LITTLE FALLS, NJ - The Township of Little Falls is currently reviewing its Americans with Disabilities Act (ADA) compliance for several locations.
During the public comment portion of the July 10 Township Council workshop meeting, local resident Sara Goldstein, expressed some areas where she felt that accessibility was not sufficient. She cited issues at the annual July 4th street fair on Main Street, with the Alliance for a Better Community's (ABC) summer concerts in Memorial Park, and access to the second flood at the Little Falls' Public Library for the elderly and disabled.
Goldstein spoke about handicapped accommodations on behalf of those with physical limitations in the town, based on her own personal experiences recently.
"One of the things that the town does that I applaud is the Thursday night concert series and right now there is no handicapped parking set aside for those concerts," she told council members. "It means that I parked illegally in order to go by and check it out the other day. After about ten minutes I realized I better not stay parked where I was and there was no way I could walk blocks and blocks away in order to stay for the concert."
Goldstein also stated she volunteered at the recent July 4th fair on Main Street, where she felt there was no accommodation for those to access the fair in certain areas.
"There was no handicapped parking there either for that, which meant I had to walk quite a distance to get to the table and didn't get to the part of the fair that was up hill," Goldstein explained. "It's something for the town to think about because these are events that elderly people should be able to participate in."
Goldstein also mentioned the Little Falls Public Library, which is two levels, where many attendees with physical challenges cannot access the library's second level.
"Again, it's an expense for the library to put in an elevator and they have offered to make accommodations to bring books down, but it's not the same as browsing," she said, adding that individuals who are able to walk up a flight of steps can go to a particular section for book selection.
"I choose to use the library in Totowa," she added. "It's nice that I'm able to use a local town but I don't think it should take a two-year study of the town in order to get handicapped parking for the concerts on Thursday. I think this is something you should be able to take care of in a reasonable amount of time."
Mayor James Damiano replied to Goldstein that local police did close down a section of Wilmore Road, in order to allow handicapped individuals to park in the barricades that are put up.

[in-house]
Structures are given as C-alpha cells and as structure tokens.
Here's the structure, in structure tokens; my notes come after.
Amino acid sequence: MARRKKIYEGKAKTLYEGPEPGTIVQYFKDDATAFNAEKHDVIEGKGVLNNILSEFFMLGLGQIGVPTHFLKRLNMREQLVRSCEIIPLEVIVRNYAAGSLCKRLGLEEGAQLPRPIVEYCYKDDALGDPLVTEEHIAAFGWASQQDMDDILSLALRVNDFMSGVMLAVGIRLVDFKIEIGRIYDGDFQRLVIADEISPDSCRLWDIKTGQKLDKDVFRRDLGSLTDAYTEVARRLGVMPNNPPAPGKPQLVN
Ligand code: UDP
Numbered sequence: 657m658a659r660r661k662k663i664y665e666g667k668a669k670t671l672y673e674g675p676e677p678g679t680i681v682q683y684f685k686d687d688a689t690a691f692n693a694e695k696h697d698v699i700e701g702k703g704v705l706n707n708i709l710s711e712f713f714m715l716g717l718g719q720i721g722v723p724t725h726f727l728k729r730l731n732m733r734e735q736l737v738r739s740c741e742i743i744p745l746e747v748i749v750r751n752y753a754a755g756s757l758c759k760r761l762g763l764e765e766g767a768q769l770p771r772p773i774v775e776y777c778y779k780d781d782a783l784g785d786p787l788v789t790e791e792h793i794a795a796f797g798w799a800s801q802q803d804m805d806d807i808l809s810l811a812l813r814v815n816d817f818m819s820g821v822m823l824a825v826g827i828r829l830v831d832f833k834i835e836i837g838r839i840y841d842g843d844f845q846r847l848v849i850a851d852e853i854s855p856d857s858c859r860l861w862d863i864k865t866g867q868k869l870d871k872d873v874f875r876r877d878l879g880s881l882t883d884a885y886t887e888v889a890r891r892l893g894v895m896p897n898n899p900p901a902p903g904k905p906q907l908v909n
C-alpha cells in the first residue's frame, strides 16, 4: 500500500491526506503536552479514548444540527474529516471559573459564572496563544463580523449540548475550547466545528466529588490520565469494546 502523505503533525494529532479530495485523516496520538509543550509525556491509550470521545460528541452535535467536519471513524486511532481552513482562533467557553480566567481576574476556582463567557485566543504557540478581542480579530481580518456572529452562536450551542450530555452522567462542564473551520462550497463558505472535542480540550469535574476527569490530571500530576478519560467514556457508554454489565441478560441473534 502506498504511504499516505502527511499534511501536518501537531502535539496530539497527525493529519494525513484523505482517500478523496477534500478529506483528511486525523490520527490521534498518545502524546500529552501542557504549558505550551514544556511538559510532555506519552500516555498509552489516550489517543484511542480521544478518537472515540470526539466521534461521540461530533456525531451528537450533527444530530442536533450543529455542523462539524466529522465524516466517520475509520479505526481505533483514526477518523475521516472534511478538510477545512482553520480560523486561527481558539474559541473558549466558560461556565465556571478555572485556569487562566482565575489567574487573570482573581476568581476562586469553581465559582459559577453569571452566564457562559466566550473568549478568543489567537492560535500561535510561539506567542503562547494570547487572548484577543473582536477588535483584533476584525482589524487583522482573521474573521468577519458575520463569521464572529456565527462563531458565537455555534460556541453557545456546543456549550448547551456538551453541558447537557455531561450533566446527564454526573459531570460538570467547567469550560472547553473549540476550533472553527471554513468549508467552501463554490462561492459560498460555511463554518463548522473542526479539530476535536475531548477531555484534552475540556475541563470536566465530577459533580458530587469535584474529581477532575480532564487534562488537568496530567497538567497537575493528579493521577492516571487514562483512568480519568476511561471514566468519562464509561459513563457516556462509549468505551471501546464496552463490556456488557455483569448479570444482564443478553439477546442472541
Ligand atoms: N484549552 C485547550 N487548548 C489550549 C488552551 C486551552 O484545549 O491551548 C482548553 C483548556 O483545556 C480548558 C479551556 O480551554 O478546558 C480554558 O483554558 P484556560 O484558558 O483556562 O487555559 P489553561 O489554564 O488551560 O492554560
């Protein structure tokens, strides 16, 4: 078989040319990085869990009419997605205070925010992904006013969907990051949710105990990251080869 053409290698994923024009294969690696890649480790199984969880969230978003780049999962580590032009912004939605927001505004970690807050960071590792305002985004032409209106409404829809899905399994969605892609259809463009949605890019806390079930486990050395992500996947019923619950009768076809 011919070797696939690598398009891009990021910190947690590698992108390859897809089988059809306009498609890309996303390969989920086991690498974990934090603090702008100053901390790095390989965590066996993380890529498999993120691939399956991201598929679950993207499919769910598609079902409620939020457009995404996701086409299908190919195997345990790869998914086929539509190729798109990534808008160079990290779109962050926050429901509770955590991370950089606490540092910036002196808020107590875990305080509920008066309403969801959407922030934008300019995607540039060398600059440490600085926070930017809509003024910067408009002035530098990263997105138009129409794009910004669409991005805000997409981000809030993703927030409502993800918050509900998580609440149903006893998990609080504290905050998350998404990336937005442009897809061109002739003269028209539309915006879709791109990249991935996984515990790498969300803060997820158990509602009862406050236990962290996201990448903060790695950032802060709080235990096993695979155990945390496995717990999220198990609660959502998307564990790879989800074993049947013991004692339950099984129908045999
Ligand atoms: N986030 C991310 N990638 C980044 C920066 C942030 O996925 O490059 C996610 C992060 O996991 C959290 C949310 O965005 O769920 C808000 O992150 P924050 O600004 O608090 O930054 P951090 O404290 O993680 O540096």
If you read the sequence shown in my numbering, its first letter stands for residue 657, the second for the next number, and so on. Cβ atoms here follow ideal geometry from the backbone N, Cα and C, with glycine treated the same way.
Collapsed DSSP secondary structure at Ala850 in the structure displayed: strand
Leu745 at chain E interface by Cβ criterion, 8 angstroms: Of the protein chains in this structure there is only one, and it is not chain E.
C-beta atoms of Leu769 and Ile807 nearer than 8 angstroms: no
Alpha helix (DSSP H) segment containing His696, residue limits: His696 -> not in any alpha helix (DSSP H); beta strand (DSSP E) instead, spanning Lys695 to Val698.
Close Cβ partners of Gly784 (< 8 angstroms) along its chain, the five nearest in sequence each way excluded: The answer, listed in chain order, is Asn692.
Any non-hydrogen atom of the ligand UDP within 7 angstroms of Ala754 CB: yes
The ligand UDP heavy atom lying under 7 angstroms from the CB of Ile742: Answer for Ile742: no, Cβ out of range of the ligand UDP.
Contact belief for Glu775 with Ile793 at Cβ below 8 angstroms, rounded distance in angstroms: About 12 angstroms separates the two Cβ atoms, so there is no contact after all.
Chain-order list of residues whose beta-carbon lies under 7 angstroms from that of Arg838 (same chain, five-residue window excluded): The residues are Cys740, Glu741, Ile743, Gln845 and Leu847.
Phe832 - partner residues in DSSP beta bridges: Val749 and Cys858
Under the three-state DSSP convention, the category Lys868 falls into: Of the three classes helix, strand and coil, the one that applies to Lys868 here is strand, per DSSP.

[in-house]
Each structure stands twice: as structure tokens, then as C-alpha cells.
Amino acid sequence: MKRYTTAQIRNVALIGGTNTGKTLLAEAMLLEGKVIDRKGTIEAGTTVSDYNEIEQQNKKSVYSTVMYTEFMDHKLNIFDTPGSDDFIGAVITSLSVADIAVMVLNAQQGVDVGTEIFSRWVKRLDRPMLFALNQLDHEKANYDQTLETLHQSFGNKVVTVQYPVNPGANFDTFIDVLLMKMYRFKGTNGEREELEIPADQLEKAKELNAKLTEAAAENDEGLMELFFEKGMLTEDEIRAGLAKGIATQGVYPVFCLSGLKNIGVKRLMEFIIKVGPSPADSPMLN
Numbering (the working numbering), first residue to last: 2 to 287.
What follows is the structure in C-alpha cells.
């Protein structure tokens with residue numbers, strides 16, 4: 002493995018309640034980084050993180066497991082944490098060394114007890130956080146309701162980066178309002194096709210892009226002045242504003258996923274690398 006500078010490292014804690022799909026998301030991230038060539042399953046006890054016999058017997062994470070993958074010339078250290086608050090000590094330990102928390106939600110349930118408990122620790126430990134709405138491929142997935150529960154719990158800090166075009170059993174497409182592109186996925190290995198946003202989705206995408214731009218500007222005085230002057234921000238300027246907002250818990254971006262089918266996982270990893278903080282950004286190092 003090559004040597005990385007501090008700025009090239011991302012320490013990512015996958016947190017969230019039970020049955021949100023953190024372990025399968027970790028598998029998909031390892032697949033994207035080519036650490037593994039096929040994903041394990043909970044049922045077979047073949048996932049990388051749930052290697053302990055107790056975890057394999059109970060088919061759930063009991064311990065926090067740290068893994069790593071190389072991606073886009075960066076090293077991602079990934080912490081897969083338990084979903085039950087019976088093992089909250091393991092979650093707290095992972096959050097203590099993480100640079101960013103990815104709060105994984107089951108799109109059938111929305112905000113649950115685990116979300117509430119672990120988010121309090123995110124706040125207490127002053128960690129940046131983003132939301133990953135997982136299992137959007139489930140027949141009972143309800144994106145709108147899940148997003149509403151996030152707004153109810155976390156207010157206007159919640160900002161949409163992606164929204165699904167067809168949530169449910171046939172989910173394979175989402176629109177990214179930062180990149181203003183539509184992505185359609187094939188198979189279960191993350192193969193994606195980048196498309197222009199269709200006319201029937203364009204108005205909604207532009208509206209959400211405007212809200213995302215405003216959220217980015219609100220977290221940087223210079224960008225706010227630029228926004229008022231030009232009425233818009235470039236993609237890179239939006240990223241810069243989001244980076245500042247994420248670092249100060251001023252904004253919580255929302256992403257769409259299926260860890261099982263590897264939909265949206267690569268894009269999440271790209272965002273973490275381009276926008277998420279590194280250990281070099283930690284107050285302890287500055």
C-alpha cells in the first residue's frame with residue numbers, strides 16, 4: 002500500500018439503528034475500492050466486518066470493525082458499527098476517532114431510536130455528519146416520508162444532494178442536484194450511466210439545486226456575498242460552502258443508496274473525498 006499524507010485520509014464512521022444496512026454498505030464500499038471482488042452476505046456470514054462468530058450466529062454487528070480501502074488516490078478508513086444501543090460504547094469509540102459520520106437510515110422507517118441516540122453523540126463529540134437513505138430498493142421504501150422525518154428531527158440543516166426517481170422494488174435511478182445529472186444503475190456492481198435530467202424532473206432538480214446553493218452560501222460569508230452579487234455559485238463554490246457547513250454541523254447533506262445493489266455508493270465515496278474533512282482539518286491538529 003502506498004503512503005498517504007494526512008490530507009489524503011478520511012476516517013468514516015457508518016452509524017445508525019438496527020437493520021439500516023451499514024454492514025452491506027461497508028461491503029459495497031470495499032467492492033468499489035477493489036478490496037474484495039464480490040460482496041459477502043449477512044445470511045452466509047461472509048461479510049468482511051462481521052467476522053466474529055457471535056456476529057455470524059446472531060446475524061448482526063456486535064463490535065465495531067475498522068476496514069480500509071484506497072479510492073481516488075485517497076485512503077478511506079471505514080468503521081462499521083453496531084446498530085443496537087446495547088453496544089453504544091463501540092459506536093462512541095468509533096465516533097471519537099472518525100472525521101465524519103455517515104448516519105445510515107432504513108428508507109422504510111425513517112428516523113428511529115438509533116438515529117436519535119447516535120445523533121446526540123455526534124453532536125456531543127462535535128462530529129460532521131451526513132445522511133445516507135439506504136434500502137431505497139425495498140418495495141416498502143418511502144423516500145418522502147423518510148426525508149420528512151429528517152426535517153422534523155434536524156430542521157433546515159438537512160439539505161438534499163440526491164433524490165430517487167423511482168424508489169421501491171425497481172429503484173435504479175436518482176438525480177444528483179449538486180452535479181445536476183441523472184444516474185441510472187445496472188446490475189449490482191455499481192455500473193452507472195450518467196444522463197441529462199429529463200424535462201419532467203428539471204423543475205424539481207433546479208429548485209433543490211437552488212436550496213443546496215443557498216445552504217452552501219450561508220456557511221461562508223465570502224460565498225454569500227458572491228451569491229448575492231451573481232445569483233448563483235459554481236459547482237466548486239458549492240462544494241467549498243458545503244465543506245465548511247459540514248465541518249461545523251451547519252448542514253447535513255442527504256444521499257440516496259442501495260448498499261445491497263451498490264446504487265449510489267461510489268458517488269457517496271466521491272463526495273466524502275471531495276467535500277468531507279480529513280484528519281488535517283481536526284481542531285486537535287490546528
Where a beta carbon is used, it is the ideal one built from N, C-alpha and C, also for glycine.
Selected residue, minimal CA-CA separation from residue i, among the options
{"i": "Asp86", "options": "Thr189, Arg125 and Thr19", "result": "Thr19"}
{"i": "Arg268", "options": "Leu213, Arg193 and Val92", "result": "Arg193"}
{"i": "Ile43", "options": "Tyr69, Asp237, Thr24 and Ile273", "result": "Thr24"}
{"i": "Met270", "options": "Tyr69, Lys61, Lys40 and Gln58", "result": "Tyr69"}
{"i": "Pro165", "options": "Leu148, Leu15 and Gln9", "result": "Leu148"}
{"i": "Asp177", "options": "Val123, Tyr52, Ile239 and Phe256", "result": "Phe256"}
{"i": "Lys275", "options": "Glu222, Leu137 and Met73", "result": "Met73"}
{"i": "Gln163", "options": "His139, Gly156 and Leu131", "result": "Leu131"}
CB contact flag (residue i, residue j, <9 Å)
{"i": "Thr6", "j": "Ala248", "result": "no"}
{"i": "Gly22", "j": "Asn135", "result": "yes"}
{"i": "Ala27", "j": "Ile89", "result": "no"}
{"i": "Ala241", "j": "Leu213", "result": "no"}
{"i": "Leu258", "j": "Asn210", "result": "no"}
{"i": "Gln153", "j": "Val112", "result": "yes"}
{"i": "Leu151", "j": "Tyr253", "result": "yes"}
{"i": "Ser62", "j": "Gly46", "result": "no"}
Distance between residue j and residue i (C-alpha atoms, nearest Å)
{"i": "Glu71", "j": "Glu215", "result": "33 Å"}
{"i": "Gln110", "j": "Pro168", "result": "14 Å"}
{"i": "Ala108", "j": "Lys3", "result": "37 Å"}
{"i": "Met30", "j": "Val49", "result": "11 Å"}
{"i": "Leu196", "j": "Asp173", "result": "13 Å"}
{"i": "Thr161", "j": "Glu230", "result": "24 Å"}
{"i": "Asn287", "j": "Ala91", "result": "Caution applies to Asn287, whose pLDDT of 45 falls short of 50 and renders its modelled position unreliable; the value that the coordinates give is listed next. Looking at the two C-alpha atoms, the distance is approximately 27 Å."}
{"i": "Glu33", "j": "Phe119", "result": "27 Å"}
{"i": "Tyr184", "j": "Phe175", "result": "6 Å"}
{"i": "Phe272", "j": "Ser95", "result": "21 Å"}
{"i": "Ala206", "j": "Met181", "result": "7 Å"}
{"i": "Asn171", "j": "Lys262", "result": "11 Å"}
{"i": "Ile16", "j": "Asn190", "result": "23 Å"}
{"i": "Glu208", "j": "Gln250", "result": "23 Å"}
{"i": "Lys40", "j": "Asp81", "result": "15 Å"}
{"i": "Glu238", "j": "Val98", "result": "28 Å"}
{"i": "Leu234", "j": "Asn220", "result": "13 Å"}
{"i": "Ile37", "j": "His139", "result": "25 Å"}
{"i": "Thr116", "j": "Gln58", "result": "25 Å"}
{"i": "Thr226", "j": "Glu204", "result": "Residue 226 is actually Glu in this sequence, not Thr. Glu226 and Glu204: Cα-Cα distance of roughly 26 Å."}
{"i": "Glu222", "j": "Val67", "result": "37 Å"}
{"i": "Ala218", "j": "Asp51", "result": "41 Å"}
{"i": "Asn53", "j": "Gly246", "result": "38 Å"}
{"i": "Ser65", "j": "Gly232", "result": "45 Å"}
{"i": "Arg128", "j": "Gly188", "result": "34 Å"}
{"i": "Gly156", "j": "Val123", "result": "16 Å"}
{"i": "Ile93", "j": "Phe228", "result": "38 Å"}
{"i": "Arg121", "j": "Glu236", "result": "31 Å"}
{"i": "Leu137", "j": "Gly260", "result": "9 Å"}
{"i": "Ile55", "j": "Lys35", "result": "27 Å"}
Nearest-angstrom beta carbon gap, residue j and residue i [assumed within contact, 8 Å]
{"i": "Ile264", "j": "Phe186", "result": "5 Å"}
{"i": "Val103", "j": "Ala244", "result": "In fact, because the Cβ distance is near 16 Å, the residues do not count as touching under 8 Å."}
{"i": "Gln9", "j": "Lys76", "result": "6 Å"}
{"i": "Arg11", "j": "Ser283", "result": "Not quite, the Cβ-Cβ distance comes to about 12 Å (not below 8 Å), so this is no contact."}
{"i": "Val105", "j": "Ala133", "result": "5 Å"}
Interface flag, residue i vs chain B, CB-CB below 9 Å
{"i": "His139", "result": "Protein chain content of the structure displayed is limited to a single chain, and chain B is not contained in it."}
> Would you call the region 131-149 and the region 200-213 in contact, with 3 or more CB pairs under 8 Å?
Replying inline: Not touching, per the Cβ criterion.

"You are allowed to enter those barricades," he added. "The police will make sure you have a handicapped placard inside the cones so you only have to walk a couple of feet at the concert."
Goldstein pointed out that the police did not inform those seeking handicapped parking that it was available at the time.
"I think the local police should make people aware with some PR," she noted.
Renea Shapiro, ABC founder, also spoke during the public comment portion, stating that the alliance has assisted anyone in need of handicapped parking.
"Anyone who has come to us saying that they need handicapped parking, we direct them to an area where they can pull their car up and we've had several double park because the street is closed," she explained.
Shapiro added that those who wish to attend can have their cars parked close by as long as they come prior to 6:30 p.m., which is when the street gets blocked off. She also commented on changing shifts of officers at the event and were not made aware to inform those seeking handicapped parking.
Council President Anthony Sgobba thanked Goldstein for her comments and said the council would be looking into the concerns and would offer to reach out to her by phone if she could not make the next council meeting for what the progress is on her points.
The township is also in the process of adhering to ADA compliance for access to Inwood Park, including roadside curbs at the intersection of Wilmore Road and First Avenue.
The two concerns were brought up at at the Feb.13 Township Council meeting by Arnold Korotkin, local resident, during the open public comment. He said the the issue of having ramp accessibility for Inwood Park had been raised before to council members stemming back to when Joanne Bergin was the township's business administrator.